The Arizona Court of Appeals just held in Edonna v. Heckman, 1CA-CV 10-0402 that a biological child cannot bring a wrongful death action for loss of its biological parent. Nome Edonna filed a wrongful death lawsuit for the death of his biological father Edward Hintz. The trial court ruled that Edonna was Edward’s child, and therefore was a proper person to bring a wrongful death claim under A.R.S. § 12-612. Edonna’s parents, Donna and Edward Hintz, divorced when he was four. He had different parenting time with his father throughout the years when Edward relocated from Arizona. At age thirteen Edonna’s step-father adopted him to insure that he would be taken care of financially and medically. Edward agreed and Edonna maintained a hyphenated last name including his adopted father’s name. Once Edonna became an adult his contact with his dad increased over the next twelve years, they became very close. In October, 2005 Edward was killed in a collision with the Defendant William Heckman.
Edonna filed a negligence and wrongful death action against the Heckman’s as the sole surviving beneficiary of his father. The Heckman’s moved to dismiss claiming Edonna was not a proper wrongful death beneficiary as a consequence of the adoption. The trial court denied the Heckman’s motion.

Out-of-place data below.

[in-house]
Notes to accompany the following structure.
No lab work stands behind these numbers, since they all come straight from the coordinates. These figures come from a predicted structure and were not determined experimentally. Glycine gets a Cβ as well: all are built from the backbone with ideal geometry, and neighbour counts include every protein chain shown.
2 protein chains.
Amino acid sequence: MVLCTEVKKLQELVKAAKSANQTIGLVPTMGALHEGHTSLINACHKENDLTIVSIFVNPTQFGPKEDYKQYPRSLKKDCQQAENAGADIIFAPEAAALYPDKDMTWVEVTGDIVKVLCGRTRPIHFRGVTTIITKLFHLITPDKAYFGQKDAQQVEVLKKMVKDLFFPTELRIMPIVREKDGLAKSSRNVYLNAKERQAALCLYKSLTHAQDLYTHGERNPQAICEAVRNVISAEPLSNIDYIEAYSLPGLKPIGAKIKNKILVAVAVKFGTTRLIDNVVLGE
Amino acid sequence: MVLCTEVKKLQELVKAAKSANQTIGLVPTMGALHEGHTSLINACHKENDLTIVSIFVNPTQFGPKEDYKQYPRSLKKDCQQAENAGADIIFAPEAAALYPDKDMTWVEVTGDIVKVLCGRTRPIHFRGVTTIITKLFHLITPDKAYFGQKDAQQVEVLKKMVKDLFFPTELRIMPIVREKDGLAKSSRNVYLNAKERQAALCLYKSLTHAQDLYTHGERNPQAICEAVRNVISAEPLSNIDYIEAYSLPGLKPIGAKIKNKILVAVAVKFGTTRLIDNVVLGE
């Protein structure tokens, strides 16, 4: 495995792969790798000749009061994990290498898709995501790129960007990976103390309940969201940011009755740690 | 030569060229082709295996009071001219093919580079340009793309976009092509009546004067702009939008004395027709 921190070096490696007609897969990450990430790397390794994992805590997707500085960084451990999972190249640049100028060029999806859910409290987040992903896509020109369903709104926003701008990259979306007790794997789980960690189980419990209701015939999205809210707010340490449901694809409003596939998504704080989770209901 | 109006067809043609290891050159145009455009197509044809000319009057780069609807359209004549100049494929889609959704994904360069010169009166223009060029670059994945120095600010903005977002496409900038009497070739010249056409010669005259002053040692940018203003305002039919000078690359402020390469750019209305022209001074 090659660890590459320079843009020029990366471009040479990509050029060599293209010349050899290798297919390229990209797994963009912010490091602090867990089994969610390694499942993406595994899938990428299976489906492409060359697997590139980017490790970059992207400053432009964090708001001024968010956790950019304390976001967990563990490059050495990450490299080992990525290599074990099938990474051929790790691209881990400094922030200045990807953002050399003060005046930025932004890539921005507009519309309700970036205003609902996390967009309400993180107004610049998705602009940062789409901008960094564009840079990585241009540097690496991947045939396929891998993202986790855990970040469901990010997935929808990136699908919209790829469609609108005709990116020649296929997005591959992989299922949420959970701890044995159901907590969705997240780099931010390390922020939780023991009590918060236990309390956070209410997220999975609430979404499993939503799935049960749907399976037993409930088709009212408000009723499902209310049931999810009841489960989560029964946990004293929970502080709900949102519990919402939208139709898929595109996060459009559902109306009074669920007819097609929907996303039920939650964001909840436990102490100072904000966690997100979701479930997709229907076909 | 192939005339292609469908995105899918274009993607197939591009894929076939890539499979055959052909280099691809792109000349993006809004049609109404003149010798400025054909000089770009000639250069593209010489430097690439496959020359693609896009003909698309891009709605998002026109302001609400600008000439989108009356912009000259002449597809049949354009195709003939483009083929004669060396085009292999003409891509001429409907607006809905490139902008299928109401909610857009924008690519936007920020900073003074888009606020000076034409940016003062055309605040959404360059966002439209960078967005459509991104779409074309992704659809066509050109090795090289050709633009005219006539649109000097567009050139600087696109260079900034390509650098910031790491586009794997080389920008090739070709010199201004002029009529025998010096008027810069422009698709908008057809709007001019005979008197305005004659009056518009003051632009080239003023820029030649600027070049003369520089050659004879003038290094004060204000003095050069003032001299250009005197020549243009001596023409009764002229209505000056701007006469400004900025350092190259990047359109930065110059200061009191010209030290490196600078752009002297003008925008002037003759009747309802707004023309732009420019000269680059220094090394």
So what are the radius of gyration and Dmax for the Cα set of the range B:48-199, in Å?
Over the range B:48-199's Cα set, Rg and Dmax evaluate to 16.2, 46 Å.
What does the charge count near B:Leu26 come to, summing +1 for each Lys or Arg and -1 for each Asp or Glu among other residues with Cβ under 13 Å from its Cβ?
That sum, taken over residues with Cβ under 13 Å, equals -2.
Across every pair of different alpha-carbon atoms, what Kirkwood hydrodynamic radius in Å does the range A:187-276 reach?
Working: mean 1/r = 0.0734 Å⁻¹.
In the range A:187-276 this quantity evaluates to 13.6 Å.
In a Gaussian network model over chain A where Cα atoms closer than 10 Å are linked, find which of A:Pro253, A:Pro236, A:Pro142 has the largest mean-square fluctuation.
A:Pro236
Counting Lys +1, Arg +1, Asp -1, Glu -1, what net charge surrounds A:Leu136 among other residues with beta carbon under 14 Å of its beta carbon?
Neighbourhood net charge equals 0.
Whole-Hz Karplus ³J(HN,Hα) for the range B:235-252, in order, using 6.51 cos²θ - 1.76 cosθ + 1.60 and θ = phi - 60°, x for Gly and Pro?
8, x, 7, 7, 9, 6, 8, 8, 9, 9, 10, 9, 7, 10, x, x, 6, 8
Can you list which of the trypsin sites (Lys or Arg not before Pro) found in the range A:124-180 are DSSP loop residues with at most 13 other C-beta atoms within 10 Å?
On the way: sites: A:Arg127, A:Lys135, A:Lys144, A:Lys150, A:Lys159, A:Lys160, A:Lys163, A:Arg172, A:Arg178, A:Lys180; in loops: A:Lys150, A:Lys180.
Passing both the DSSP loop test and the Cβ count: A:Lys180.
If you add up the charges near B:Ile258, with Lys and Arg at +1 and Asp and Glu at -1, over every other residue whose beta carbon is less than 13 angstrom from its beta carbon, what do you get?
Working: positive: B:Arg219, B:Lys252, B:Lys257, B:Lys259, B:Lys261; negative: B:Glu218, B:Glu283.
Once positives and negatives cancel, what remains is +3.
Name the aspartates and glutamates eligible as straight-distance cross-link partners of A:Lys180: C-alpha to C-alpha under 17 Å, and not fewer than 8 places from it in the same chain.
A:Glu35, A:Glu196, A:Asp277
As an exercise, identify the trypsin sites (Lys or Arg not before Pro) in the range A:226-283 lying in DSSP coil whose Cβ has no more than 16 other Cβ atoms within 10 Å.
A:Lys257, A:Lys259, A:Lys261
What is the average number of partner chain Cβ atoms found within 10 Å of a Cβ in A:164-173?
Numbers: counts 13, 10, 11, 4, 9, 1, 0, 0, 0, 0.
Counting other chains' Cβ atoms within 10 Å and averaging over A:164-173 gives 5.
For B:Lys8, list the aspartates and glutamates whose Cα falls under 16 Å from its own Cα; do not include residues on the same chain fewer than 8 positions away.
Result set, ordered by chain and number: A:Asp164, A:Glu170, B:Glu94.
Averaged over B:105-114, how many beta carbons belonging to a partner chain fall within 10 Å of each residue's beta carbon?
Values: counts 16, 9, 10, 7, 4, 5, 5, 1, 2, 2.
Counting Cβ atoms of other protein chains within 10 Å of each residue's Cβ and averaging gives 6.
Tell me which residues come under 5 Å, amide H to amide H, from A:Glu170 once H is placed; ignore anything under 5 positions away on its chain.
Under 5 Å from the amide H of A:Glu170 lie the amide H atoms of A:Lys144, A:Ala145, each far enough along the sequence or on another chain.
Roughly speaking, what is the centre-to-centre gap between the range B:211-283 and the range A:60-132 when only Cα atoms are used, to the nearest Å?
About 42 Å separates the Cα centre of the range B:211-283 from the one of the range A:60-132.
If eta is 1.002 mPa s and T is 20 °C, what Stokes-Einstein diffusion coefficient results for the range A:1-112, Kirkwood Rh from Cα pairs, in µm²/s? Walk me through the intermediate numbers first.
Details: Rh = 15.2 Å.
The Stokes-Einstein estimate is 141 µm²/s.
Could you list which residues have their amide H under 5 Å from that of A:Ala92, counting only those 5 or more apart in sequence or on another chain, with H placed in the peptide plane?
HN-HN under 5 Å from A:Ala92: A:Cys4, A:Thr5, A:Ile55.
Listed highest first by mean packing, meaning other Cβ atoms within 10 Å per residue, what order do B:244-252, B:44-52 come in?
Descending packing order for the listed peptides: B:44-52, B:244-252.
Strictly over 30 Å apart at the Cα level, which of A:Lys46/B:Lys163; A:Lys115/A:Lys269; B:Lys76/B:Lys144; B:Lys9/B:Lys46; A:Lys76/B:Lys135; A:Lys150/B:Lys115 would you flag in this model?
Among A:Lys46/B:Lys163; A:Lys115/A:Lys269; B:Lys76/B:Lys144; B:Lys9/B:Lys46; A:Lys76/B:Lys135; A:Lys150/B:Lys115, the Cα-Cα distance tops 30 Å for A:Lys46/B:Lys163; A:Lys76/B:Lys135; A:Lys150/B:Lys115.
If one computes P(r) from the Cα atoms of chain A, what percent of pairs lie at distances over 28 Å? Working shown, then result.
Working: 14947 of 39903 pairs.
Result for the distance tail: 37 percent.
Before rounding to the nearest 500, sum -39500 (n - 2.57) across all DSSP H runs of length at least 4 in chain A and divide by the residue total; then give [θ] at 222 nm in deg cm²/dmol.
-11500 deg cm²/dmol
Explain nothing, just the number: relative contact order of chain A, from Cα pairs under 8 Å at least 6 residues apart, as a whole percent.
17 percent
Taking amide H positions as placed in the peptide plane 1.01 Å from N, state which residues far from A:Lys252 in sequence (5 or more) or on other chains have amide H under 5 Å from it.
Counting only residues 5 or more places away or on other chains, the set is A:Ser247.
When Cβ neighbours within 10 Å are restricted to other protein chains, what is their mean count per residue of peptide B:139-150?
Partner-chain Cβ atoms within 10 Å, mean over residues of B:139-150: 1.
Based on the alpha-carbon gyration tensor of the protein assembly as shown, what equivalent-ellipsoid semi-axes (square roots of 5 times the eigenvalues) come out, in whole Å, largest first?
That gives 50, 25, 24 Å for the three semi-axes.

The Court of Appeals reversed. The Court admitted that the statute expressly allows a claim for wrongful death by any surviving “child” that the word “child” is not defined by statute. Indeed, the Court states “there is no statutory definition of the term “child” for purposes of the wrongful death act, and the absence of other authority, we would conclude that Edonna was entitled to bring his claim.”
The Court of Appeals relied upon other statutes to deprive Edonna the biological child of any claim, specifically, A.R.S. §8-117, an adoption statute to “reveal a contrary legislative intent.” A.R.S. §8-117 states that, upon adoption, “the relationship” of prior parents “is completely severed and all the legal rights, privileges, duties, obligations and other legal consequences cease to exist including the right of inheritance . . .” After reviewing the various statutes the Court of Appeals concluded that the adoption of Edonna deprived him of any right to bring a claim against the defendants.